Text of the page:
Llandderfel - Gazetteers

National Gazetteer (1868)

"LLANDDERFEL, a parish in the hundred of Penllyn, county Merioneth, 5 miles N.E. of Bala, and 7 S.W. of Corwen, its post town. It is situated on the northern bank of the river Dee, which is here crossed by a bridge at the base of the Berwyn mountains. The parish includes the townships of Nantfrayer, Selwrn, and six others. The people are employed in flannel weaving and in agriculture. The hills afford good pasture for sheep. The living is a rectory* in the diocese of St. Asaph, value £260, in the patronage of the bishop. The church is a spacious stone edifice built about the reign of Henry VIII. It contains several stained-glass windows, and a remarkably good screen. It is dedicated to St. Derval Gadarn, of whom there was formerly a large wooden image, which was sent to London in 1538 and burned with Dr. Forest in Smithfield; the saint's horse and staff are still preserved, and used to be held in great veneration. The parochial benefactions produce about £46 per annum, part of which is paid to Raglan. Fairs are held on 17th August and 16th October for the sale of cattle and live stock."

"CAERGELIOG, a township in the parish of Llandderfel, hundred of Penllyn, in the county of Merioneth, North Wales, 3 miles to the E. of Bala."

"CROGEN, a township in the parish of Llandderfel, in the county of Merioneth, 4 miles E. of Bala. It is situated on the river Dee. Here is a meet for the harriers of Captain Hopwood."

"CYNLAS, a township in the parish of Llandderfel, in the county of Merioneth, 3½ miles E. of Bala."

"DOLDREWYN, a township in the parish of Llandderfel, in the county of Merioneth, 4 miles N.E. of Bala."

"NANTFRAYER, a township in the parish of Llandderfel, county Merioneth, 3 miles E. of Bala."

"SELWRN, a township in the parish of Llandderfel, county Merioneth, 3 miles N.E. of Bala."

[Description(s) from The National Gazetteer of Great Britain and Ireland (1868)
Transcribed by Colin Hinson ©2003]

A Topographical Dictionary of Wales Samuel Lewis, 1833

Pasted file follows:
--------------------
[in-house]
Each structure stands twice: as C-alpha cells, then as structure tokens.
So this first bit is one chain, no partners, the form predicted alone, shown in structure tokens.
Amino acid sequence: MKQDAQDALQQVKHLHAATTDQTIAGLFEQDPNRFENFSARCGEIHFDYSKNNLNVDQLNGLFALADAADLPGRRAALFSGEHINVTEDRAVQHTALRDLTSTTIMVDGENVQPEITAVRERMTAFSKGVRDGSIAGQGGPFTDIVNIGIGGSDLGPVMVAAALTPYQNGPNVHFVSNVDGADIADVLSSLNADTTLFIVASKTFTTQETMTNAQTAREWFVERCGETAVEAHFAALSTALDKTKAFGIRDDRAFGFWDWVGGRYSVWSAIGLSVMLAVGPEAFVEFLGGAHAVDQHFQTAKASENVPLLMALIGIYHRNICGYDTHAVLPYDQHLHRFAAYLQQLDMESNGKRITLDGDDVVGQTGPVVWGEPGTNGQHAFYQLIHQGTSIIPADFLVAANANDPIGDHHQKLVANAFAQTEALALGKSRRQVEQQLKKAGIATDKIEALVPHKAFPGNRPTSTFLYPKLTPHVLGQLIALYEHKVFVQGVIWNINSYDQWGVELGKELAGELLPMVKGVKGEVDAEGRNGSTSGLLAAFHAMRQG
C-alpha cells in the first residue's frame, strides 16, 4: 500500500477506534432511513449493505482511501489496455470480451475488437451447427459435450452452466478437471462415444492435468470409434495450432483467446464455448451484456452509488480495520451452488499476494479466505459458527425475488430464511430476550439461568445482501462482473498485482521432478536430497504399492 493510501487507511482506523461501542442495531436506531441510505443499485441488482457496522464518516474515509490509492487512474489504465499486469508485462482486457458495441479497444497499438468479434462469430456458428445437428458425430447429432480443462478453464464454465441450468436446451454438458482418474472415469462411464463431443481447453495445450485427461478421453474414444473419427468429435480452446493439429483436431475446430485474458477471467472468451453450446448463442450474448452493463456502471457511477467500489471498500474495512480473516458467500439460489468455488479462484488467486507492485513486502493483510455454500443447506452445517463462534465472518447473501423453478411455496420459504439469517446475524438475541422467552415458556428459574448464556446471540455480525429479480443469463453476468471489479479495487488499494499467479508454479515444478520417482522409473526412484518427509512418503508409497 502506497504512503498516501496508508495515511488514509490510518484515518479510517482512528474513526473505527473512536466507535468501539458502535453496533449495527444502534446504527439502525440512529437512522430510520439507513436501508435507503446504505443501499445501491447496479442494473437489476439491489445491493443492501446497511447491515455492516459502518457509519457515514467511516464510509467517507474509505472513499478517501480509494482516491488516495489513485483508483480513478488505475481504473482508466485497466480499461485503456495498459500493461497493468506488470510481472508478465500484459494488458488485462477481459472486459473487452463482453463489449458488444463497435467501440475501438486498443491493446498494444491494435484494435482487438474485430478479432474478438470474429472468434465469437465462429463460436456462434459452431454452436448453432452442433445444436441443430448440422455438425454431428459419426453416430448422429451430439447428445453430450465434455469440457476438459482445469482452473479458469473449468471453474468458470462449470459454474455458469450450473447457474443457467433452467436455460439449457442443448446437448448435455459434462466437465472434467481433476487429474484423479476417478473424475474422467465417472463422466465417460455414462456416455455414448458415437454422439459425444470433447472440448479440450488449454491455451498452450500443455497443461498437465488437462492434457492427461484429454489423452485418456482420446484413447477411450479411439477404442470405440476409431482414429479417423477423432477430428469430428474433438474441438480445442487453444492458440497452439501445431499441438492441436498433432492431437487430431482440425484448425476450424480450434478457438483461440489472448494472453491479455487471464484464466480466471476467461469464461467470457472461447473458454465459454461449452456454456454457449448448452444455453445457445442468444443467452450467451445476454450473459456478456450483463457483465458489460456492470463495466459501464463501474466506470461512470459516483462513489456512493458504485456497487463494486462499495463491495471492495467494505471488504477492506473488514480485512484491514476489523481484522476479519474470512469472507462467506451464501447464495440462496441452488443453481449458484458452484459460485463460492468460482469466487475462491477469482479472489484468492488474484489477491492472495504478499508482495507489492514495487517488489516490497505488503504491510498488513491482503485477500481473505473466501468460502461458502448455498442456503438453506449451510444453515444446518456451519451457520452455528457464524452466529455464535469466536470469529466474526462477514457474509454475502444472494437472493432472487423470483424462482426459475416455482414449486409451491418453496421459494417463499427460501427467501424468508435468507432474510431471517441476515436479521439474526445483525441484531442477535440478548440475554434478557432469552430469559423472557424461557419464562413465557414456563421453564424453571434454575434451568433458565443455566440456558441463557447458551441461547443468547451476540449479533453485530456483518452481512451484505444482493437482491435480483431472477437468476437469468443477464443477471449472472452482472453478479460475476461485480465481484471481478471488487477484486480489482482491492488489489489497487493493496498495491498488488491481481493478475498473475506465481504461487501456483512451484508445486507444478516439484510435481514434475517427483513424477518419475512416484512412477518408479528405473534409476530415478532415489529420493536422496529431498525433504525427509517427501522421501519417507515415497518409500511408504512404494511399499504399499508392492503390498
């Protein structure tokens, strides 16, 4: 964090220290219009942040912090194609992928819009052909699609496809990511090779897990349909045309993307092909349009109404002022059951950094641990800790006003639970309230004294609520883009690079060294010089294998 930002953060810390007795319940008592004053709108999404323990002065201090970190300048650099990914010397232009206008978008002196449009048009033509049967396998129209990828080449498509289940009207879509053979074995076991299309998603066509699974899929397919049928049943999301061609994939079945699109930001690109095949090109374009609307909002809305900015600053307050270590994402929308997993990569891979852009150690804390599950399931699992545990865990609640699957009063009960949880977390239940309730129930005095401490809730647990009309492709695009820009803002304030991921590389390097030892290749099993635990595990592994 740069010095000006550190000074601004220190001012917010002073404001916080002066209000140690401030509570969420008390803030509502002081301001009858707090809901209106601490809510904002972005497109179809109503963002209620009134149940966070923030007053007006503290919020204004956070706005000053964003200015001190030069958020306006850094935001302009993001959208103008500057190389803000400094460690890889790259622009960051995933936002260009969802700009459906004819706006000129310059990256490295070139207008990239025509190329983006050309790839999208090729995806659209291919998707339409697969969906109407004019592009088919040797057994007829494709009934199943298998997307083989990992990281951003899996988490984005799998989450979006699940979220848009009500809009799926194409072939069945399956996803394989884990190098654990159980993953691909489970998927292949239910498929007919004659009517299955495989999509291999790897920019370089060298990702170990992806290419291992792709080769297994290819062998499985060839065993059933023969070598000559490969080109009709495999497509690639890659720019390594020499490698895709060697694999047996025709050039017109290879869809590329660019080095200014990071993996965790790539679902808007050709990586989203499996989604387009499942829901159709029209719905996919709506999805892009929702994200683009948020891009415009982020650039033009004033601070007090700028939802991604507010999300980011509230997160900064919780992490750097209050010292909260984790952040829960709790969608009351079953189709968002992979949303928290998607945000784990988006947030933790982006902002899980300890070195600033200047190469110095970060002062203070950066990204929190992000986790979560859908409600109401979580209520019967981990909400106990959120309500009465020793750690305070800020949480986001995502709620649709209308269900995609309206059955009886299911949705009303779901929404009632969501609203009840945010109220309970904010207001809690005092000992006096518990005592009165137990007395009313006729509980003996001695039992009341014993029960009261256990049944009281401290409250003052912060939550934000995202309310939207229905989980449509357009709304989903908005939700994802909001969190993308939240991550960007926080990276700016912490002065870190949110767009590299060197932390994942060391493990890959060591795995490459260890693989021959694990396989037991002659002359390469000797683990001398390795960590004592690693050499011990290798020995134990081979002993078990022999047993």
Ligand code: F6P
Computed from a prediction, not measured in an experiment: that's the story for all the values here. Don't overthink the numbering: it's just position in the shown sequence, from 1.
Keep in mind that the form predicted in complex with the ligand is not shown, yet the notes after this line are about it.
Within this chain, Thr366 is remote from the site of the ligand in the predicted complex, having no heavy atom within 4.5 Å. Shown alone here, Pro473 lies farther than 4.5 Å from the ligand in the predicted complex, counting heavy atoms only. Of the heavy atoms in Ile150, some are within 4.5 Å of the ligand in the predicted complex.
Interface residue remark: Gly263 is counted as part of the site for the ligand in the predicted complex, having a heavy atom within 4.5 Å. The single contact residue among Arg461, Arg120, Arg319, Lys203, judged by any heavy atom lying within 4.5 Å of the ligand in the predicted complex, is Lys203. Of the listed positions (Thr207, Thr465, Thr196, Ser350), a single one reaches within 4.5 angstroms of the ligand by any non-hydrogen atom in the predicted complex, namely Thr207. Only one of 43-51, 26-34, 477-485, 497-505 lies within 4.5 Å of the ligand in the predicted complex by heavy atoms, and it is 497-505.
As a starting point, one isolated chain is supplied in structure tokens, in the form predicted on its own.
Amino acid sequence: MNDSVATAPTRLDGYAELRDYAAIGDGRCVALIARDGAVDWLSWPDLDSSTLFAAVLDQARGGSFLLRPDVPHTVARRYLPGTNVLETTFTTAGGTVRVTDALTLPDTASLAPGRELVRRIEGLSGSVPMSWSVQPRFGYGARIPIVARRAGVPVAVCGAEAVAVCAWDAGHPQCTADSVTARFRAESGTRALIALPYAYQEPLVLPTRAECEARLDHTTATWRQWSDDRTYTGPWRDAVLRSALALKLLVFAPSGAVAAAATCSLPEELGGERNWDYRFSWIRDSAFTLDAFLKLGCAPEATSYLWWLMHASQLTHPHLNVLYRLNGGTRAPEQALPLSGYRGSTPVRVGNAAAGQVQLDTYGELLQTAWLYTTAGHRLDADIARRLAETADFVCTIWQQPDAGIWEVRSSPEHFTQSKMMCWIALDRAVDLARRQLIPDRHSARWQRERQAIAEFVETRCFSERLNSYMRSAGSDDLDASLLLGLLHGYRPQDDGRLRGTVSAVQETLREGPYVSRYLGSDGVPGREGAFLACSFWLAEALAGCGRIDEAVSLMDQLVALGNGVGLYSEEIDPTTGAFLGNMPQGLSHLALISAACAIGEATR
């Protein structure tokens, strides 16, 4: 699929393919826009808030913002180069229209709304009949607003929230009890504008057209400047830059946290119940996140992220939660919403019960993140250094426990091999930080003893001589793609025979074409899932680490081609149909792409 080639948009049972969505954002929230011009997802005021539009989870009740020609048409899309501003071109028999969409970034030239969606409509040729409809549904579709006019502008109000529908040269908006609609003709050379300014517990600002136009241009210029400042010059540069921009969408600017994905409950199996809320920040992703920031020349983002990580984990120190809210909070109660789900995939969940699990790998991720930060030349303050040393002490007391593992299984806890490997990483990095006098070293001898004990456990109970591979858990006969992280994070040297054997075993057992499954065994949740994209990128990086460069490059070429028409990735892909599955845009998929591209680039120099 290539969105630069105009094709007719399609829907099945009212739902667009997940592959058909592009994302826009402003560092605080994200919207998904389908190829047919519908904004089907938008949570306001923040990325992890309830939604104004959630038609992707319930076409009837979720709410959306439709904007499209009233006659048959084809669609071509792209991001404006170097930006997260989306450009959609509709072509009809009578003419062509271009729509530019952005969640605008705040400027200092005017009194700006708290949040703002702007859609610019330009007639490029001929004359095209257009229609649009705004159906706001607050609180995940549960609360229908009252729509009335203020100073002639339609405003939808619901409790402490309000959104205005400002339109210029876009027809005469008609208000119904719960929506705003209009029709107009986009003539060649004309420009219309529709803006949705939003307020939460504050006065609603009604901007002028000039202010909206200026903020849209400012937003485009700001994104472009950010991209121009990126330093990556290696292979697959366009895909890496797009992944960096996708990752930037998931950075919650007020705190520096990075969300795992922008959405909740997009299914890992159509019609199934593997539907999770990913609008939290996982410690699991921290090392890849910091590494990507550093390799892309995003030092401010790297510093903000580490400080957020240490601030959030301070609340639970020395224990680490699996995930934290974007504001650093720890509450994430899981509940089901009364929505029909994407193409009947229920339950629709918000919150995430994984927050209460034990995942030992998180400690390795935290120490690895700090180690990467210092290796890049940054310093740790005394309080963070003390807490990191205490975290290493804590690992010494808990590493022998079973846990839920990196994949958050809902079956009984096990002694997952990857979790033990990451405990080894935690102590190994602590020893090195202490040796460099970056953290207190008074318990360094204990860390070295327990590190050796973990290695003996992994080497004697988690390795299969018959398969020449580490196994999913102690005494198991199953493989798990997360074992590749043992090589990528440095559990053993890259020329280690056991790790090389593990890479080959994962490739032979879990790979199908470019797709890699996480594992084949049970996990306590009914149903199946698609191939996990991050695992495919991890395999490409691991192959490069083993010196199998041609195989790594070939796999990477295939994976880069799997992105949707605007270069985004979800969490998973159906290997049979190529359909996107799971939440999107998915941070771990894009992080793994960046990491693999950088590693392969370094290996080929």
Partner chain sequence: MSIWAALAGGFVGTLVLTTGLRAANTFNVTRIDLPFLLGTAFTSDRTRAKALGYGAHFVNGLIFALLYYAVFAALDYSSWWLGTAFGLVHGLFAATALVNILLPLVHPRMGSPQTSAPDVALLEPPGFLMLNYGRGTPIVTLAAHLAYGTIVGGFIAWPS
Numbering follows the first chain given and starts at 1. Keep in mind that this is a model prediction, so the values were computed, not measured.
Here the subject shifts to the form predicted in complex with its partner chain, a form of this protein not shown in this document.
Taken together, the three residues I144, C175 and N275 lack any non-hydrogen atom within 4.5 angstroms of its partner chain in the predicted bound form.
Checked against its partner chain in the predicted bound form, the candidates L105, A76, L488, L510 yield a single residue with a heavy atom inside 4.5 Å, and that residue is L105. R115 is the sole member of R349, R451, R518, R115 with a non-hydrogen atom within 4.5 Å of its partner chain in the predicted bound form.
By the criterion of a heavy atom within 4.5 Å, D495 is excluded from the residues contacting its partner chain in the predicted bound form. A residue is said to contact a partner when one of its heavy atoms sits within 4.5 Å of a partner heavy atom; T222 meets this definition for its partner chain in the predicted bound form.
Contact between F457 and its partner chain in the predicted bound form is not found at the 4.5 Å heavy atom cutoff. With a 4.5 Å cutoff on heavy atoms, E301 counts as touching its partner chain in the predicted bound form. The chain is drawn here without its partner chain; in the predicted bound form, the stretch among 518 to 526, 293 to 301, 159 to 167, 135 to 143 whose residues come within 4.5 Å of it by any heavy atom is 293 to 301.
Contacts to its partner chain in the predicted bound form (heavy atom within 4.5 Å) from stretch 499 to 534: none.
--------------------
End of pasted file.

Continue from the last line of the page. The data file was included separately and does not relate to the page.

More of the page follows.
LLANDDERVEL (LLAN-DDERVEL), a parish chiefly in the hundred of PENLLYN, though partly in that of EDEYRNION, county of MERIONETH, NORTH WALES, 4 miles (E. N.E.) from Bala, containing 956 inhabitants. It contains nearly five thousand seven hundred acres of enclosed land, and two thousand three hundred acres of common mountain land, the greater part of the whole being hilly and steep. The village is pleasantly situated on the south road from Bala to Corwen, near the river Dee, the banks of which, throughout the whole extent of the parish, are beautifully picturesque and romantic : the parish is likewise traversed by the northern road between the above-mentioned towns, and is adorned by several gentlemen's seats. Nearly opposite to the church is the bridge, a neat structure of four arches, within a short distance of which the vale, abounding with richly varied scenery, begins to contract, and at Calettwr, where there is a beautiful waterfall, terminates in a finely wooded eminence, above which the vast chain of the Arenig mountains bounds the view. The prospect from the higher grounds is extensive and magnificent, comprehending the ranges of the Arenig and Berwyn mountains, Cader Idris, the Arans, and several other lofty hills ; the Vale of Penllyn, Bala lake, and other interesting objects. The pass from the bridge of Llanddervel across the Berwyn mountains into Montgomeryshire is also characterized by features of striking and romantic beauty. The township of Llaethcwm, in this parish, is locally situated in that of Llanvawr : the prevailing soil of the whole is of a gravelly and loamy texture. The manufacture of flannel, and the knitting of stockings, afford employment to a portion of the inhabitants. Fairs are annually held here on the 17th of August and 16th of October, principally for cattle and horses. The living is a rectory, in the archdeaconry and diocese of St. Asaph, rated in the king's books at £ 13. 12. 11., and in the patronage of the Bishop : the great tithes of the township of Nant Freuer, in this parish, are appropriated to the rectory and vicarage of Llanvawr, the small tithes only belonging to the rector of Llanddervel. The church, situated on a small eminence on the northern side of the Dee, and dedicated to St. Dervel Gadarn, or Dervel the Strong, who lived at the close of the sixth century, and was one of the abbots of the monastery of Bardsey Island, is an ancient structure, consisting of a nave and chancel, separated by the remains of a finely carved screen, formerly surmounted by a rood-loft, which has been removed to ornament the front of the gallery at the west end. Over the screen was anciently a figure of St. Dervel, carved in wood, which was removed to London in 1538, and used as part of the fuel which consumed Friar Forest, who was burned in Smithfield for denying the king's supremacy ; and thus was fulfilled a vulgar prophesy that this wooden image should " set a whole forest on fire : " the carved figure of a red stag is still preserved as a relic of the image of the saint, with which it was in some manner conjoined. In the east window of the chancel, which is very large and of fine proportions, are some remains of ancient stained glass : in the churchyard are two yew trees of remarkably fine growth. There are places of worship for Independents and Calvinistic Methodists, to which are attached Sunday schools. A National school, in which one hundred children are gratuitously instructed, was erected in 1829, and is supported by subscription. Mr. John Williams, in 1746, bequeathed £ 60 for the benefit of the poor. In the township of Doldrewin are several Druidical circles on the higher grounds; and in the Vale is a farm-house, on the bank of the Dee, called Dolygadva, or "the meadow of the encampment." Near the mountain of Mynyllod are numerous British monuments, called Pen y Garth, comprising various stone cells : within the parish, on a hill called Cevn Caereuni, is also a strong military intrenchment, named Y Gaer, or "the Fortress ; " and in the grounds of Pale are the remains of a Druidical altar and a kistvaen. In making the road through the grounds of Vronheulog, in 1814, a celt and part of another instrument of war were found. On the hill called Cevn Caereuni is a lake named Llyn Caereuni, which is nearly half a mile long, somewhat more than a quarter of a mile broad, and contains an abundance of pike and eels. Edward Jones, an eminent bard, a skilful player on the harp, and author of several poetic compositions in Welsh, was a native of this parish. The average annual expenditure for the maintenance of the poor amounts to £407.12.